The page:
by Larry Magid
This post first appeared in the Mercury News
Although it’s very unlikely that average Americans will be directly targeted by a Russian cyberattack, it is quite possible to become an indirect victim of an attack against a company, health care organization or government agency we rely on. It’s also possible for Americans to suffer collateral damage as a result of a Russian attack against facilities in the U.S., Ukraine or anywhere else in the world.
I see no reason to curtail any online activities, but like when we hear of a natural disaster in another part of the world, the likelihood of cyberattacks anywhere are a good reminder to shore up our personal defenses. Even though the Russian government isn’t likely to attack your personal devices and accounts, there are plenty of cybercriminals around the world attacking who are constantly attempting to separate people from their money through cyberattacks.
Russia is likely to unleash cyberattacks against government and financial institutions around the world, including the United States. These days, a cyberattack can do as much damage as blowing up a bridge—even more when you consider the number of people that can be affected by a single attack. The company behind the Colonial Pipeline had to stop delivering fuel to millions of Americans after a hacker group infiltrated its systems in a ransomware attack. Though the attack was against a single company, innocent people were affected. The attackers, according to published reports, are believed to have been operating out of Eastern Europe or Russia. The 2017 Equifax Data breach may have been aimed at a single company, but it compromised the security of nearly 150 million Americans who did nothing to deserve having their personal information stolen and potentially used against them. There are plenty of other examples.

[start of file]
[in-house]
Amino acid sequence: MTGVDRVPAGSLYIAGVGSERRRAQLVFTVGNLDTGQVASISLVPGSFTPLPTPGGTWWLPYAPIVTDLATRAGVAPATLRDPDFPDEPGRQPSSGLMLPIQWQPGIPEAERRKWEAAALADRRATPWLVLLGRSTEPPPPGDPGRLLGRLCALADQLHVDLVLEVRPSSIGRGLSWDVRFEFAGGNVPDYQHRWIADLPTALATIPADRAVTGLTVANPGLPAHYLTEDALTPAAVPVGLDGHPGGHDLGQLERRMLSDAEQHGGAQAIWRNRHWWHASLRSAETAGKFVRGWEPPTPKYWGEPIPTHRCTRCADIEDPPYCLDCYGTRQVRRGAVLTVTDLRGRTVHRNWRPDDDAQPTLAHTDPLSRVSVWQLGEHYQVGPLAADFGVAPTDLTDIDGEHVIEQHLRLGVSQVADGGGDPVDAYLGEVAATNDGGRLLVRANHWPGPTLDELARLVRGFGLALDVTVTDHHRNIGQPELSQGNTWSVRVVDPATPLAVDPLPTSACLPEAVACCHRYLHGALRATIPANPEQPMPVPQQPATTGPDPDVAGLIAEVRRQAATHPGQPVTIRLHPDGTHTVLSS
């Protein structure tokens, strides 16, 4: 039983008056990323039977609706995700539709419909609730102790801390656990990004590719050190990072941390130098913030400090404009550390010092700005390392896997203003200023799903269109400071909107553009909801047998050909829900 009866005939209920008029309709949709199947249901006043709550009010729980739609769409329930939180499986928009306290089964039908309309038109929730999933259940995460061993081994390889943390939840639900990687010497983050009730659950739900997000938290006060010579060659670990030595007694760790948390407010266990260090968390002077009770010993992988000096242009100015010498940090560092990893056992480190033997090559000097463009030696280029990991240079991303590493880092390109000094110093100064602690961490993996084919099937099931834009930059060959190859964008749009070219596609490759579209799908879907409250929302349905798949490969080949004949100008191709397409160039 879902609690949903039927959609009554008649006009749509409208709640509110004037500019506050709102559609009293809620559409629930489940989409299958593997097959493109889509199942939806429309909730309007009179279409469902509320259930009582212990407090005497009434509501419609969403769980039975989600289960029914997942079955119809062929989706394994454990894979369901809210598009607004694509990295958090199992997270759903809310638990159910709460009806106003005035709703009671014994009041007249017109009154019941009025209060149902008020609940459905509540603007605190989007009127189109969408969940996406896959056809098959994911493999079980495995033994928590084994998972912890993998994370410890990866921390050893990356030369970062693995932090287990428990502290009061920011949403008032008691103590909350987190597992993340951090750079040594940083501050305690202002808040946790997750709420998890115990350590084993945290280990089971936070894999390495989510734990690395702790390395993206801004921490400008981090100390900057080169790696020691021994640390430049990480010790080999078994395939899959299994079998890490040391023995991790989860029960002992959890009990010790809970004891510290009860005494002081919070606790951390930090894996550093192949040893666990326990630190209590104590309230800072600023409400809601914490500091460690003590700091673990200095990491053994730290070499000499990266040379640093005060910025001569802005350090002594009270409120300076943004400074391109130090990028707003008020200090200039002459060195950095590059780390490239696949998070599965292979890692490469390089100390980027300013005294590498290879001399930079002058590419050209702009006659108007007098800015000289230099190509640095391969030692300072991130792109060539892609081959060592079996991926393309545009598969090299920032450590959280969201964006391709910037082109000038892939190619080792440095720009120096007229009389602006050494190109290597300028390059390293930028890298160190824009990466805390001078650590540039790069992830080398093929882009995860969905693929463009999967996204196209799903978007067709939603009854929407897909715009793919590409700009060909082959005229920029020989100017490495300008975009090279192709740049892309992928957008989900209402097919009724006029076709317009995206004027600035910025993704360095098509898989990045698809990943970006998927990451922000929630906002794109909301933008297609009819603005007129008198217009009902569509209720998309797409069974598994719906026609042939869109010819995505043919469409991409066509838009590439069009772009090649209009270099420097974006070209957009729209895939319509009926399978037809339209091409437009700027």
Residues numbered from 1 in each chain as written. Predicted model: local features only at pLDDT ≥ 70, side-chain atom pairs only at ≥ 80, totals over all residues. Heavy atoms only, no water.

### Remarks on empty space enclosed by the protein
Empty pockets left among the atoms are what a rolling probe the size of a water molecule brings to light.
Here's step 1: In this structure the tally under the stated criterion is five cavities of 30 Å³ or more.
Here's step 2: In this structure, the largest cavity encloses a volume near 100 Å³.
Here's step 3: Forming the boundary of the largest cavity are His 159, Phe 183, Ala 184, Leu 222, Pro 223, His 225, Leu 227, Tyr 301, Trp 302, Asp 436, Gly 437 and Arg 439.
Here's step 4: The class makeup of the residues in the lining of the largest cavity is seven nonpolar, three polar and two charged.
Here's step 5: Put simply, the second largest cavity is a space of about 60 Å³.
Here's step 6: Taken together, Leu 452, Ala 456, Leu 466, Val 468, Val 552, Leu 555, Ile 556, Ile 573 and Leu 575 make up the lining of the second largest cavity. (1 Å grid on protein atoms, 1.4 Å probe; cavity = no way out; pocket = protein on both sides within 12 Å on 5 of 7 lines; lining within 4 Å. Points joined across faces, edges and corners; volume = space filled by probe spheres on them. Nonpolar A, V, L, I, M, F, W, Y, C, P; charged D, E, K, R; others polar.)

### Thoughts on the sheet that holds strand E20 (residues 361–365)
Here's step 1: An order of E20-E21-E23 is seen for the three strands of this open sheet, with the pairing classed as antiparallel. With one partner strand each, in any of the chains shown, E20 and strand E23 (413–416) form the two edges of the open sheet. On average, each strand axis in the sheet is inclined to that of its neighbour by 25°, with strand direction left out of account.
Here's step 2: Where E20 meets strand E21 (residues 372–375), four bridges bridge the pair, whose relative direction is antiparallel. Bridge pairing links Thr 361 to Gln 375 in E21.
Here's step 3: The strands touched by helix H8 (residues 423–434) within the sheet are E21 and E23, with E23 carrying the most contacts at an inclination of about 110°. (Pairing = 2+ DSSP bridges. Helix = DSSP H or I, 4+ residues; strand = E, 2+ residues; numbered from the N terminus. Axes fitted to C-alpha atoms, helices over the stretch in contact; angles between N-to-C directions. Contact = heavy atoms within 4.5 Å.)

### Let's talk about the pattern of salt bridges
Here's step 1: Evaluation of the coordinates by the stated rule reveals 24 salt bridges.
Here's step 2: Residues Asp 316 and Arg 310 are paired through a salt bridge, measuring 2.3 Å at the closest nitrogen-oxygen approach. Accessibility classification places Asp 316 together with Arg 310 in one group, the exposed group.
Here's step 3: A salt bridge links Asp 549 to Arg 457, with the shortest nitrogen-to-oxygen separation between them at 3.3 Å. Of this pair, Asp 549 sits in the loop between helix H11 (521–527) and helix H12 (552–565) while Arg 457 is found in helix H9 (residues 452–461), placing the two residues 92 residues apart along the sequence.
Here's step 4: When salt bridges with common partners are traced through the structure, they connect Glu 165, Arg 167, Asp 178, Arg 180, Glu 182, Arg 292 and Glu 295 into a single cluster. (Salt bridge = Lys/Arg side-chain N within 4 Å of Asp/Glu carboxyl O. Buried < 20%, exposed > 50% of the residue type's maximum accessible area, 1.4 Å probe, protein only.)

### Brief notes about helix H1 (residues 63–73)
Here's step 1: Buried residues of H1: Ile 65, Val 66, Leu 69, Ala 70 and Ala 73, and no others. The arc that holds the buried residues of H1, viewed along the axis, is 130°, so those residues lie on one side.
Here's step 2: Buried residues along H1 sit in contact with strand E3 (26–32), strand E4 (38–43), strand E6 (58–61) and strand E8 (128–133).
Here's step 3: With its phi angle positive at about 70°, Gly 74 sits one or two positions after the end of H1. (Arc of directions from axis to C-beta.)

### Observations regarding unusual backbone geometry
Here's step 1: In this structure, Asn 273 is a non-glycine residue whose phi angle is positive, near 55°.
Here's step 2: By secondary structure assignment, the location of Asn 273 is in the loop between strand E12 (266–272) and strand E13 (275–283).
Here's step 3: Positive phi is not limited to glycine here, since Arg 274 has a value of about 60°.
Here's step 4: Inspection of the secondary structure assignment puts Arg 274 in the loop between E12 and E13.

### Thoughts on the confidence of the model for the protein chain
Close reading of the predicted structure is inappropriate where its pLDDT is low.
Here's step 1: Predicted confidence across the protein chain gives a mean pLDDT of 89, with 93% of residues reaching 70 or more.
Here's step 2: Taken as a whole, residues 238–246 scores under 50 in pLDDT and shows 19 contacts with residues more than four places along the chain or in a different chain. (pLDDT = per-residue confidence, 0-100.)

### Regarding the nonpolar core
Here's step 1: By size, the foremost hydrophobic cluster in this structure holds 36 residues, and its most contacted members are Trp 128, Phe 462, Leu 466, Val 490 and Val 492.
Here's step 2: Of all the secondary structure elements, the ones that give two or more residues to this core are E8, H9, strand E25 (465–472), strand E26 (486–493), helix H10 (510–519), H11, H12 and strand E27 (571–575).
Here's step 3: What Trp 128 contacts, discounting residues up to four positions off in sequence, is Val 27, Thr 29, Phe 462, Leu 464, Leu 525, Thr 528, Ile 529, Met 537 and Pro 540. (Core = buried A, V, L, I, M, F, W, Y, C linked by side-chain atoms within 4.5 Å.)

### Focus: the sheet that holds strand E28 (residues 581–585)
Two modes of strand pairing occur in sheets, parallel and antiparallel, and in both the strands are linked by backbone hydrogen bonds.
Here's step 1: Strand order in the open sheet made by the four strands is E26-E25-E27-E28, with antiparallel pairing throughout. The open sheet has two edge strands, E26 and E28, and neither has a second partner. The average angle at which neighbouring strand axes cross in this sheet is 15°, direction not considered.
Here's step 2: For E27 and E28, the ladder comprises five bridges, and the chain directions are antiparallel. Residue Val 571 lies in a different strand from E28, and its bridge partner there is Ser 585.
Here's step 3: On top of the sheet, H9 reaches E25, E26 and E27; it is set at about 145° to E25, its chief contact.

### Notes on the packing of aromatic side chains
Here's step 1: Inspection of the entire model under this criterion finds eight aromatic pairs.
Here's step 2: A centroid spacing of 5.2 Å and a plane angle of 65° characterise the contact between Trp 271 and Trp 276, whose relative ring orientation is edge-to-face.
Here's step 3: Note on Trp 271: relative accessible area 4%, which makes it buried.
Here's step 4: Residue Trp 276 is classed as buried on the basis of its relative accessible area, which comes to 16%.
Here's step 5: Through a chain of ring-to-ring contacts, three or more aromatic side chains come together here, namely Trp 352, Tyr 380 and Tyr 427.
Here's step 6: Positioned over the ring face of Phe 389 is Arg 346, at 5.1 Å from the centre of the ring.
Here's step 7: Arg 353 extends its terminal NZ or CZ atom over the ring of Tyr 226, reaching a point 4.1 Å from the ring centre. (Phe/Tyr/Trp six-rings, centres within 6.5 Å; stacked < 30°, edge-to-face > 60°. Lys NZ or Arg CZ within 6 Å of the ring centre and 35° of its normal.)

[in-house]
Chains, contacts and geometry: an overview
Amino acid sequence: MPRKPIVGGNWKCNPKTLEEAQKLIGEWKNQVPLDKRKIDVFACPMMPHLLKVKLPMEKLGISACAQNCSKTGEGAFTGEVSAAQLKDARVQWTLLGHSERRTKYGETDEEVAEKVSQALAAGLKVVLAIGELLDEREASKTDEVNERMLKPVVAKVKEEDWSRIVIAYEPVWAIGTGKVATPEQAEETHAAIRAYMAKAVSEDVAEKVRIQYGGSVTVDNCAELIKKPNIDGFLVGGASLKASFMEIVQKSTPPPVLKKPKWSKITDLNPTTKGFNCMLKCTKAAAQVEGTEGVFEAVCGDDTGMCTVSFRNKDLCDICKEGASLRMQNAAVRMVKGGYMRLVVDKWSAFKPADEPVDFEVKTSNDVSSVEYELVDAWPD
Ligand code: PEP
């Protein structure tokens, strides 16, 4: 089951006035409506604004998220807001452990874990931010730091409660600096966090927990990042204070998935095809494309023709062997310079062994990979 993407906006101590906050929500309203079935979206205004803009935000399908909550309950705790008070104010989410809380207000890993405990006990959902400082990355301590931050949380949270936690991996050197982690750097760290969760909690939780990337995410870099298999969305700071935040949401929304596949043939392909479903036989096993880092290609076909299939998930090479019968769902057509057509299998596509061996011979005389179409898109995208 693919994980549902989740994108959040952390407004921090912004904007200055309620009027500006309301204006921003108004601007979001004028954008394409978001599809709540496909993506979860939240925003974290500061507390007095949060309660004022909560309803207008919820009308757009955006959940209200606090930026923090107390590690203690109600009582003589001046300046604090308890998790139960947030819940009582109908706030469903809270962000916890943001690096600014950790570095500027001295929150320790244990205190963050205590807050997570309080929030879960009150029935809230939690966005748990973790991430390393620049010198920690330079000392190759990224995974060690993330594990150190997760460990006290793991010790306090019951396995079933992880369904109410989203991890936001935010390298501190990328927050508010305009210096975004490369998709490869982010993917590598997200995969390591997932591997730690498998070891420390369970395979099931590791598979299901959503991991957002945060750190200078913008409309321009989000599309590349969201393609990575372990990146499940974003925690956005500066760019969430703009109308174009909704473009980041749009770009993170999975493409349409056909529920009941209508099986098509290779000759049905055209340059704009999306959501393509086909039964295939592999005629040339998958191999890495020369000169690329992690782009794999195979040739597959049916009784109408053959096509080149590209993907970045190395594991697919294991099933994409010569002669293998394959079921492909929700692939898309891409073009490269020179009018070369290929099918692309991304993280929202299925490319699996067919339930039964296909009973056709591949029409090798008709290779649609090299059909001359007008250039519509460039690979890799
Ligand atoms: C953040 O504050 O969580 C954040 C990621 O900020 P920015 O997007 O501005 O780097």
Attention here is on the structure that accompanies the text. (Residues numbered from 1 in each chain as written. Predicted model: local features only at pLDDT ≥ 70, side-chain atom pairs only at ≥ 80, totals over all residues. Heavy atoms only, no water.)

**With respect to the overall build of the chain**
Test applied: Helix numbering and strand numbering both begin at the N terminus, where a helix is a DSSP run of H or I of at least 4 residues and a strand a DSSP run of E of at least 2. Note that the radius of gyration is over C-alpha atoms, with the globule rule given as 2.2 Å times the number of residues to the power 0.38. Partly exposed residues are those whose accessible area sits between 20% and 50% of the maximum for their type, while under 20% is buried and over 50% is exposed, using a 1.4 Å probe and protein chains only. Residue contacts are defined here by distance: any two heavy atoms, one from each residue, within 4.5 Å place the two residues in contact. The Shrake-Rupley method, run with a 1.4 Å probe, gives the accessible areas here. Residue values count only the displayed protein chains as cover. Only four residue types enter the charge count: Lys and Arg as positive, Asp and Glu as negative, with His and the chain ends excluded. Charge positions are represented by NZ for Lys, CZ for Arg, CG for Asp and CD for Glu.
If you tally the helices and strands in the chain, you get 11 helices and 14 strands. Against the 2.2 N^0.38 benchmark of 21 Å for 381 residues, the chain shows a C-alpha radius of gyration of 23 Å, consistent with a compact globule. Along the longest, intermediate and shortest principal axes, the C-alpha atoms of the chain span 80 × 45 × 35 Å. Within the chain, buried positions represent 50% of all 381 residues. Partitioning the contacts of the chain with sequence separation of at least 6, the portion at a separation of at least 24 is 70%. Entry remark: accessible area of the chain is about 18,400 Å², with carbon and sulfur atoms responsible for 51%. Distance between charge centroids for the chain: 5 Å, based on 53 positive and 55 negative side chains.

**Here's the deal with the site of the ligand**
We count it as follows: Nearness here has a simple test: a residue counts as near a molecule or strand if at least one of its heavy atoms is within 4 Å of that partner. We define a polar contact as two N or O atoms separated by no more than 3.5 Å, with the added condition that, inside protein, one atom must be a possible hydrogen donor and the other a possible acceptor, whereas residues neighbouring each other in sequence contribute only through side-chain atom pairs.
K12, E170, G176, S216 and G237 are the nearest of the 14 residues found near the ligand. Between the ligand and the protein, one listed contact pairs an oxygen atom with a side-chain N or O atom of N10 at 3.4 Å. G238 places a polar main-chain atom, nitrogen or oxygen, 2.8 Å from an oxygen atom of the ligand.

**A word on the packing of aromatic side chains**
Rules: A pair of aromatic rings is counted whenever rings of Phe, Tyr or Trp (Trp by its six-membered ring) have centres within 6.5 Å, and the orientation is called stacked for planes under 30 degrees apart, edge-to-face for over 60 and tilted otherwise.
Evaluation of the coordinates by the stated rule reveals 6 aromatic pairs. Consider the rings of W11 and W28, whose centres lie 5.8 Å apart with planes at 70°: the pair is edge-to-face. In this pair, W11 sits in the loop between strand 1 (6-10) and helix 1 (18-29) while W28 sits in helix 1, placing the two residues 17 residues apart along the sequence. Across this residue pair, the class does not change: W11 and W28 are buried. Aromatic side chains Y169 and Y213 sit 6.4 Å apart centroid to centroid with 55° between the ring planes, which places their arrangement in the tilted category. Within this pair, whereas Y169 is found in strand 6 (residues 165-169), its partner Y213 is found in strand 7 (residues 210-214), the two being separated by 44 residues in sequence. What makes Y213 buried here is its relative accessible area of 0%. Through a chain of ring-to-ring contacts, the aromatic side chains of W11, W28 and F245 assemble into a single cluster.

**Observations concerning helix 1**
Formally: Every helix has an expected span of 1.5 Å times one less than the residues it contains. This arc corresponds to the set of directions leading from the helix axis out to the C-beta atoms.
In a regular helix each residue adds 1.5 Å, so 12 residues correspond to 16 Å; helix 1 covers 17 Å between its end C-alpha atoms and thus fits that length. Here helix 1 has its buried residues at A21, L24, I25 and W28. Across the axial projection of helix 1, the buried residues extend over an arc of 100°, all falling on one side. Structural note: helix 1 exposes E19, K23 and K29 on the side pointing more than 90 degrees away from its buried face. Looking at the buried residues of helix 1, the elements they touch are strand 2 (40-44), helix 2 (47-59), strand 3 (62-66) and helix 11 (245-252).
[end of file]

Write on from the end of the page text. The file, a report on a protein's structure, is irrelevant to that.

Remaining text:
Even if the attack isn’t aimed at an institution you rely on, there is also the possibility of malware aimed at one entity, affecting others. Malware has a tendency to replicate itself and — once unleashed into the wild — can spread like a virus to other systems, even if they aren’t the intended victims.
What you can do
If institutions you rely on are attacked, it could affect essential services so — just as with a natural disaster — it’s a good idea to have food, water and cash on hand, a way to charge devices if your power goes out along with flashlights and batteries, nonperishable food and other emergency supplies. You’ll find an emergency tech checklist at connectsafely.org/disaster.
As an individual or small business, there is nothing you can do to protect the institutions you rely on, but there are things you can do to shore up your own defenses and information sources you can use to know if you may have been a victim of a data breach.
The advice I’m giving during this period of increased risk is the same advice I would give at any time:
- Make sure you have strong and unique passwords
- Use multifactor authentication for email, social, media, financial and health-related accounts
- Make sure all your software, operating systems and browsers are up-to-date
- Use anti-malware software
- Be careful what you click on or download
- Don’t believe everything you see or read